A woman rides her e-bike smoothly across the Hackerbrücke in Munich.

mocci and ITK Engineering are shaping electromobility on two wheels

27.09.2023 | Press Release

The future of our mobility is undoubtedly electric. Two-wheelers play an important role in all this. The Munich-based company mocci developed an electrically powered, digitally connected work and cargo bike called mocci. It could be pivotal to our mobility revolution. ITK Engineering is the strategic engineering partner.

Kilometer after kilometer of congestion, more particulate matter than the law allows, circling in search of parking for hours on end – the traffic situation in today’s big cities has to change in a fundamental way. Electromobility is the right way to go. Electric work and cargo bikes could be part of that solution alongside e-cars. With this thought in mind, the Munich-based company CIP Mobility GmbH set out to develop an electrically powered cargo bike, mocci. ITK Engineering is the strategic engineering partner in its development.

What sets this eBike apart? It operates without a chain or belt, so it needs no conventional wearing parts, very little maintenance, and lasts for a long time. The rider pushes pedals to drive a generator that produces power for the motor mounted on the rear wheel. It is supported by a powerful 800-Wh battery. mocci is the perfect work and cargo bike for traveling 60-80 kilometers or more a day seven days a week, always carrying load.

Optimized for personalized use with intelligent software

ITK Engineering’s experts are contributing to this collaboration with their skills in access management, security, backend structures, app connectivity, and even charging systems. “Each individual bike is digitally connected thanks to intelligent software and puts the needs of the rider first,” says Christian Hoetterges, Head of Electromobility at ITK Engineering. The software helps put the bike to good use and supports the service, analysis, and fleet management aspects. The goal here is to predict individual components’ wear for each bike and recommend ways of optimizing vehicle performance and loading. Of course, data security to prevent misuse by third parties is a top priority at this level of connectivity.

The e-bike mocci is parked in front of a park area.

Vast potential to be tapped with data analytics

“mocci eBikes are already a sort of rolling sensor field that travels the city,” says Hoetterges. “In the future, we want to use these bikes even more as data sources by intelligently and automatically evaluating the information they collect and feeding it to other systems.” Both partners aim to draw conclusions about the quality of the route from the bike’s behavior and anticipate where traffic jams or obstacles such as construction sites or fallen trees could impede the journey.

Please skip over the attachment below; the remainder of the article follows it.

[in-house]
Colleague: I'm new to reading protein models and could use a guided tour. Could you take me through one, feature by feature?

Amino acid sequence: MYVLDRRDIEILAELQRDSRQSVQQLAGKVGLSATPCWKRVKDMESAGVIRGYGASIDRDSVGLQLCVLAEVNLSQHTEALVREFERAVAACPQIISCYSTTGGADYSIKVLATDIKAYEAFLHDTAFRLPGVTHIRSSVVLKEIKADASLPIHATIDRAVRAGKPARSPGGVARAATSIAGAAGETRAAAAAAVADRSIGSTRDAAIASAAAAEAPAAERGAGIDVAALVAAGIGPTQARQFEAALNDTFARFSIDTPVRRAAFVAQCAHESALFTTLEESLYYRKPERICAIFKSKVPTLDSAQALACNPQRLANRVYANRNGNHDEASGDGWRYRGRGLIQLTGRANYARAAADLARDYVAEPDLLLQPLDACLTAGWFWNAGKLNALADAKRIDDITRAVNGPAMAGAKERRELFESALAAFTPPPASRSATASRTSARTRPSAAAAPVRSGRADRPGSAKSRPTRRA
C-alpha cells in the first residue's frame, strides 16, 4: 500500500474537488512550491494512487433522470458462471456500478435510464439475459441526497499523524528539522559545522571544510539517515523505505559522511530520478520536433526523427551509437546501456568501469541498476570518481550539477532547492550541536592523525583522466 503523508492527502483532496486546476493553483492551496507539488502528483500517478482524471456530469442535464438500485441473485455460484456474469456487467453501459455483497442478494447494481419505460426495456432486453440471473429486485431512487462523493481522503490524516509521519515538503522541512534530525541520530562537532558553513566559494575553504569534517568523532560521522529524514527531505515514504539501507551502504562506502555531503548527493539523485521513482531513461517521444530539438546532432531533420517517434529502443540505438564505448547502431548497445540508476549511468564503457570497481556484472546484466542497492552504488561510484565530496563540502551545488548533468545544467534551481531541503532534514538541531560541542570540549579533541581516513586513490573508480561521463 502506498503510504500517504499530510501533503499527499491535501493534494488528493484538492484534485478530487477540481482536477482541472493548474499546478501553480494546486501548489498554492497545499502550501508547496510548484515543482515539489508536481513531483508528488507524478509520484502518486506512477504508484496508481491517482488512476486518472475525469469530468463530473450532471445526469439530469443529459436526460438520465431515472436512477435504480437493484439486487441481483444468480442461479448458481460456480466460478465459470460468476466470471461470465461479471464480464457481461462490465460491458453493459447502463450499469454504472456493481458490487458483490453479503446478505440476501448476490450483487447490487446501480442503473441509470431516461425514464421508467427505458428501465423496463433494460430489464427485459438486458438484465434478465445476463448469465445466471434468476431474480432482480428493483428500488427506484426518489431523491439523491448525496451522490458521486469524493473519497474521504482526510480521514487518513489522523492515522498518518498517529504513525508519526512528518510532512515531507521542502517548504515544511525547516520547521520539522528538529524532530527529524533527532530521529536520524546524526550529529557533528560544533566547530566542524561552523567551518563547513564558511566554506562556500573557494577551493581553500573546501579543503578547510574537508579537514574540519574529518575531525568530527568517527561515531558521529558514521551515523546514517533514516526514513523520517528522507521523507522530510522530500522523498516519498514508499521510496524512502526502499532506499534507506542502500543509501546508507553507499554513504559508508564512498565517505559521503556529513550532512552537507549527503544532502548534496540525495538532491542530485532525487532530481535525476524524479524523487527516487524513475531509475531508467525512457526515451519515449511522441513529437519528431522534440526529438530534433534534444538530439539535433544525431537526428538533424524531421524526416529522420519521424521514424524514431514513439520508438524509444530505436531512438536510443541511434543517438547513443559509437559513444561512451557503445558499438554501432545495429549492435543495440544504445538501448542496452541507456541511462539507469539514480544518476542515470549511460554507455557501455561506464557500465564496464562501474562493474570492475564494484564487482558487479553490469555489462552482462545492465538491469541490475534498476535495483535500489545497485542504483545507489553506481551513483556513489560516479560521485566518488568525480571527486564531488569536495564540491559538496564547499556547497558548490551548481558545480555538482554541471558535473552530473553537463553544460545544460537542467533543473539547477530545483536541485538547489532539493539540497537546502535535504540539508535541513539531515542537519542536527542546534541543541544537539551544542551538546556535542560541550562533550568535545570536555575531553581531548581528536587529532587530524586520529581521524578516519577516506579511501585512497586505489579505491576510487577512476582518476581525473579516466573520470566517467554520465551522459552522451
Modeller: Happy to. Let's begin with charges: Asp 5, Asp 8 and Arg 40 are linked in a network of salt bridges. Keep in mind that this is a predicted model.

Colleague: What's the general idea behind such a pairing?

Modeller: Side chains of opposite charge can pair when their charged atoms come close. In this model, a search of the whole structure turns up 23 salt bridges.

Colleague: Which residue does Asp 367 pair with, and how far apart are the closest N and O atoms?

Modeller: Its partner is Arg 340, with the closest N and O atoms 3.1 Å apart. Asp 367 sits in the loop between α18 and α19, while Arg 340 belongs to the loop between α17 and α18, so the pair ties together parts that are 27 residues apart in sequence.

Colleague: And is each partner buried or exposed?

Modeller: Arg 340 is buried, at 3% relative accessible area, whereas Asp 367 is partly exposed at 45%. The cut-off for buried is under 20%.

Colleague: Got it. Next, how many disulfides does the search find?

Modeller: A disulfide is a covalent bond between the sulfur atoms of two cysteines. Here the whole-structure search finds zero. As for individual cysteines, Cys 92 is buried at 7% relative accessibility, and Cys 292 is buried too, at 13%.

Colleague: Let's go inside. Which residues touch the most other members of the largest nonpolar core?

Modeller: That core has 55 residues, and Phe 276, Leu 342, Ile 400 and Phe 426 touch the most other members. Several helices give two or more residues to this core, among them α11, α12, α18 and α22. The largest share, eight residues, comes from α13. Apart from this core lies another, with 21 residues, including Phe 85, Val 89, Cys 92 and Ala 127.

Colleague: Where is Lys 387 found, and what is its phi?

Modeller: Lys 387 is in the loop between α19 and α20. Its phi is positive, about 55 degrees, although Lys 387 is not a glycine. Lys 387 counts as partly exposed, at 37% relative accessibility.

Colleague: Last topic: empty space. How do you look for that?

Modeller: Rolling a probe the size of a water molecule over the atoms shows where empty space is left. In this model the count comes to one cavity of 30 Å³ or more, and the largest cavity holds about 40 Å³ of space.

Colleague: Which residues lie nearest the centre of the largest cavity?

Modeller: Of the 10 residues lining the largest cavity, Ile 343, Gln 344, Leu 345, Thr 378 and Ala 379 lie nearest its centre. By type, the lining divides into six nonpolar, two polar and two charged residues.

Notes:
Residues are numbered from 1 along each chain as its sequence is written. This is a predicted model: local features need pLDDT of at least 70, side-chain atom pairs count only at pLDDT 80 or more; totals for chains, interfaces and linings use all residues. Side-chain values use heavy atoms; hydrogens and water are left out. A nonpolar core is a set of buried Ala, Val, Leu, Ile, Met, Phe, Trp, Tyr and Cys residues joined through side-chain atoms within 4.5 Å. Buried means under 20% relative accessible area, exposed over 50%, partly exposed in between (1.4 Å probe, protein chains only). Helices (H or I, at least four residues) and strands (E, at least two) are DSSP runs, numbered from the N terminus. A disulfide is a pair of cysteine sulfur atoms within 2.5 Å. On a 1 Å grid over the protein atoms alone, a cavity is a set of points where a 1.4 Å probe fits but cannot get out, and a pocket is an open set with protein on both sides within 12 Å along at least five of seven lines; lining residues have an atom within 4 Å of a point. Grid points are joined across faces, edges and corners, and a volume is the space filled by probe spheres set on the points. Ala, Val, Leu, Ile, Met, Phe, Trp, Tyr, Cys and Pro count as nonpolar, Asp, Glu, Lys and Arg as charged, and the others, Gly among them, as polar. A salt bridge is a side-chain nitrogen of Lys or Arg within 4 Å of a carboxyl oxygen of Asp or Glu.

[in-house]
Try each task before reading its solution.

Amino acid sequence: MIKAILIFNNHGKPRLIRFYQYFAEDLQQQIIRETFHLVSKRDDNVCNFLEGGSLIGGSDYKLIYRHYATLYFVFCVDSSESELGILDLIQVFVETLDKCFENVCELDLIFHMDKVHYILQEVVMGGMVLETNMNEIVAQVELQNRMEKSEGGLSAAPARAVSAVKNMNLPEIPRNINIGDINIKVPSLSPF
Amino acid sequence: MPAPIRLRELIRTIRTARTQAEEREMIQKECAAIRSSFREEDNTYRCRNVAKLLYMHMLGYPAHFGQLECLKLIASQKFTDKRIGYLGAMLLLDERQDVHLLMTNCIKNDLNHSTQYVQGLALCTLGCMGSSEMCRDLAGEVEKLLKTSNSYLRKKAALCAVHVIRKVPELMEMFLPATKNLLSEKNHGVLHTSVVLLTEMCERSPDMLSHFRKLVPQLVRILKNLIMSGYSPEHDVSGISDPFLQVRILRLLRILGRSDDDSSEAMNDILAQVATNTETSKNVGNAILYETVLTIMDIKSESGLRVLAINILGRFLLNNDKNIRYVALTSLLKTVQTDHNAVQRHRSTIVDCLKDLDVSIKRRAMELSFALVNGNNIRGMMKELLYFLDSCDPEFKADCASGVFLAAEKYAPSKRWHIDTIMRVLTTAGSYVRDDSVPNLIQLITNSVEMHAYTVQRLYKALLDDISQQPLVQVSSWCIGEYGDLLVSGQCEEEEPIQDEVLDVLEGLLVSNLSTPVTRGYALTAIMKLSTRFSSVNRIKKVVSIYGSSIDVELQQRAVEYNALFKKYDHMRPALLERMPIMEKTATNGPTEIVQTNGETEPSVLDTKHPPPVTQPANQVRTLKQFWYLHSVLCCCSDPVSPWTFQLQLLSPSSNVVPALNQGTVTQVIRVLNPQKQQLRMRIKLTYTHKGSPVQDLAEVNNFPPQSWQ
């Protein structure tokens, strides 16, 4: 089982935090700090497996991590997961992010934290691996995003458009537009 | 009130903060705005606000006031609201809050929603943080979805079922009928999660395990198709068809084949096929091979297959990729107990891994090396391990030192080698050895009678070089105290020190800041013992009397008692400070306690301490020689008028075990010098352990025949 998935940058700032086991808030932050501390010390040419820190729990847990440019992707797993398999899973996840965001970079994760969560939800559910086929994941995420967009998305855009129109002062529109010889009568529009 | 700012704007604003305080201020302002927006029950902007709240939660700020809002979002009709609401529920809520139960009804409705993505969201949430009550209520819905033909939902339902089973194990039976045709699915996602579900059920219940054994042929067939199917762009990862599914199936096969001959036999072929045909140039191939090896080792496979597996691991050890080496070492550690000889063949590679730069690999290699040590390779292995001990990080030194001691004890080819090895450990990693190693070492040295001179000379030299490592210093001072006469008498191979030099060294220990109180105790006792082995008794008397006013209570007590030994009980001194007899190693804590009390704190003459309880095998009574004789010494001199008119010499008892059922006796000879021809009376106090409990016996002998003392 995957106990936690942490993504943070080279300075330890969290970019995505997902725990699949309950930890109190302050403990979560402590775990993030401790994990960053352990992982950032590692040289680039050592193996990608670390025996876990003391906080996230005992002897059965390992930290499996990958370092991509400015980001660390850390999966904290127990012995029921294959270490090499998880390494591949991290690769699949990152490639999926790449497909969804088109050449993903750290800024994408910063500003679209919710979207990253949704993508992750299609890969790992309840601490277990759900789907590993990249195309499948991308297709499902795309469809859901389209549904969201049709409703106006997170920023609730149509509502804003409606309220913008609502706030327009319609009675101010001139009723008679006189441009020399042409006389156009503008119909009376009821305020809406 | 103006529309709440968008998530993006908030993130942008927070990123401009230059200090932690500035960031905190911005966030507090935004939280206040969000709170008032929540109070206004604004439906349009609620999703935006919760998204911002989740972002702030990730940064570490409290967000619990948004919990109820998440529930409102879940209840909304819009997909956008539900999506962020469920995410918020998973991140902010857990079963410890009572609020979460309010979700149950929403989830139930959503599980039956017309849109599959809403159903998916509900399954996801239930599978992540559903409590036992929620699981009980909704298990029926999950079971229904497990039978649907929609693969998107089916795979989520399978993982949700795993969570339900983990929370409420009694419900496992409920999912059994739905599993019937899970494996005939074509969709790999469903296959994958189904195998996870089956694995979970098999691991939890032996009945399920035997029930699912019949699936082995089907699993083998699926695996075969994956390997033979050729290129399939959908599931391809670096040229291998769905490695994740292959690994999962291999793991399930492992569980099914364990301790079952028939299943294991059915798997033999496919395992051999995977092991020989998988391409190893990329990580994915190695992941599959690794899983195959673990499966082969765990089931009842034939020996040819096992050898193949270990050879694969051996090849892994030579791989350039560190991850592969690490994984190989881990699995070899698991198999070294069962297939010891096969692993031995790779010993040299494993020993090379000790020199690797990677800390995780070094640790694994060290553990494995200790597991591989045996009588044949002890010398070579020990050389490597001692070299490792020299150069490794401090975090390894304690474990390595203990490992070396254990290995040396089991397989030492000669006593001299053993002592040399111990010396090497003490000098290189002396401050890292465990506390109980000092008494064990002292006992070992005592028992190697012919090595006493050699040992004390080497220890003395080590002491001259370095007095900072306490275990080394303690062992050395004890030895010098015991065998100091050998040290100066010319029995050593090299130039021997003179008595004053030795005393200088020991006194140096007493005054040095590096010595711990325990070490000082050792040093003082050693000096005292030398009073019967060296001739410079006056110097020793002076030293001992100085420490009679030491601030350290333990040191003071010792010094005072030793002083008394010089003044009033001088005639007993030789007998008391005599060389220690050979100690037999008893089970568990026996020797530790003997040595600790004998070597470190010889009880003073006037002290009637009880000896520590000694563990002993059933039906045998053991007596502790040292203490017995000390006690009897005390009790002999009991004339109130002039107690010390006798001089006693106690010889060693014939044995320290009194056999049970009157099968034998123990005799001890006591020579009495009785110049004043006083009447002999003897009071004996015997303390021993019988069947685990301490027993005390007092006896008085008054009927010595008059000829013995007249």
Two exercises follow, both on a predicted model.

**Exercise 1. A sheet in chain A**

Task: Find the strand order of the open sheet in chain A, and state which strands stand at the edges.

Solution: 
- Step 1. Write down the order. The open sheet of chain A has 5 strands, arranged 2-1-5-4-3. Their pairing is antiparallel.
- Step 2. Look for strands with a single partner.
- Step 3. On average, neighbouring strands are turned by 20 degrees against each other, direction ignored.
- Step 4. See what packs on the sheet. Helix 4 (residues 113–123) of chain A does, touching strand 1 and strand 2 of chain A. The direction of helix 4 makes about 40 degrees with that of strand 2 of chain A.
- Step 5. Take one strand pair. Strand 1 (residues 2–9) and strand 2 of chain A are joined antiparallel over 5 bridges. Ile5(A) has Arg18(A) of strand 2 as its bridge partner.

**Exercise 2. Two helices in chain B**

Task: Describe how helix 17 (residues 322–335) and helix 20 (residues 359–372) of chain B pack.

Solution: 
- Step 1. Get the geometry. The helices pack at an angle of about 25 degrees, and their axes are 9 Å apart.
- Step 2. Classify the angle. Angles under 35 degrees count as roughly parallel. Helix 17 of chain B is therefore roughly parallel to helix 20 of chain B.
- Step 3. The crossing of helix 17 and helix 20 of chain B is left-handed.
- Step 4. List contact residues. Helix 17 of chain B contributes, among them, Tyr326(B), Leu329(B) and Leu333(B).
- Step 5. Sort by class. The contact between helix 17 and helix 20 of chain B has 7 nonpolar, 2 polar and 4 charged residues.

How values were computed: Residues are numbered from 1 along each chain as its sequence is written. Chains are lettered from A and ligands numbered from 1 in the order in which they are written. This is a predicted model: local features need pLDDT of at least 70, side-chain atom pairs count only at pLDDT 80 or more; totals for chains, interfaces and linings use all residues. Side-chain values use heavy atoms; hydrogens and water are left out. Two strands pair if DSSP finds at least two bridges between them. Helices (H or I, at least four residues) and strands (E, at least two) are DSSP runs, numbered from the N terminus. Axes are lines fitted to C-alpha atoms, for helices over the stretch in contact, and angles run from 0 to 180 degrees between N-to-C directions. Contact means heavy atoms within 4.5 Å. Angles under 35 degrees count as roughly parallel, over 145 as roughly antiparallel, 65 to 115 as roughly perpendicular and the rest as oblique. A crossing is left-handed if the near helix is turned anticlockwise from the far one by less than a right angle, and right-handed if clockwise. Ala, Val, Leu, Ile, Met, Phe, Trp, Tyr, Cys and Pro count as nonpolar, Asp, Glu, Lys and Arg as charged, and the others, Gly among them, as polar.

The specialists are thinking about using artificial intelligence to optimize routing for commercial bicycles to get them to their destination that much faster. The bikes’ performance could conceivably be controlled automatically via software, if the law allows this. For example, the bike could be throttled down to 10 km/h in pedestrian zones, while putting all its power onto the road elsewhere.

Christian Hötterges in discussion with a colleague about the ecosystem electromobility

Each individual mocci bike is digitally connected thanks to intelligent software and puts the needs of the rider first.

Right: Christian Hötterges, Head of Electromobility ITK Engineering

Eco-friendly to produce, sustainable to use

Another aspect, sustainability, figures prominently in this bike. “mocci is based on a recyclable and extremely robust plastic that offers the same stability as a conventional metal frame,” says Dr. Simon Opel, Executive Director Technology at mocci. The benefits are obvious: Carbon emissions during production are some 68 percent lower than when making a conventional aluminum frame. The recycling rate is about 95 percent because materials are not blended. Processing steps such as painting or welding are eliminated altogether.

In the final stages of testing

A man is cycling on the e-bike mocci across an airport area.

Around 50 preproduction bikes are being used by customers such as Bolloré Logistics, Schaeffler, EatTasty, and the German Aerospace Center. The production bike will be available in 2024, but at first just for commercial customers. “In the medium term, we will also offer mocci to private users,” says Opel. “The bike will be similarly priced to today’s cargo e-bikes.”

Both ITK Engineering and mocci are convinced that this cargo bike is perfect for optimizing last-mile urban transportation. It could become integral to the mobility revolution by making this transition work in cities.  

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Spokesperson Dr. Uli Kreutzer

Company – Press

Dr. Uli Kreutzer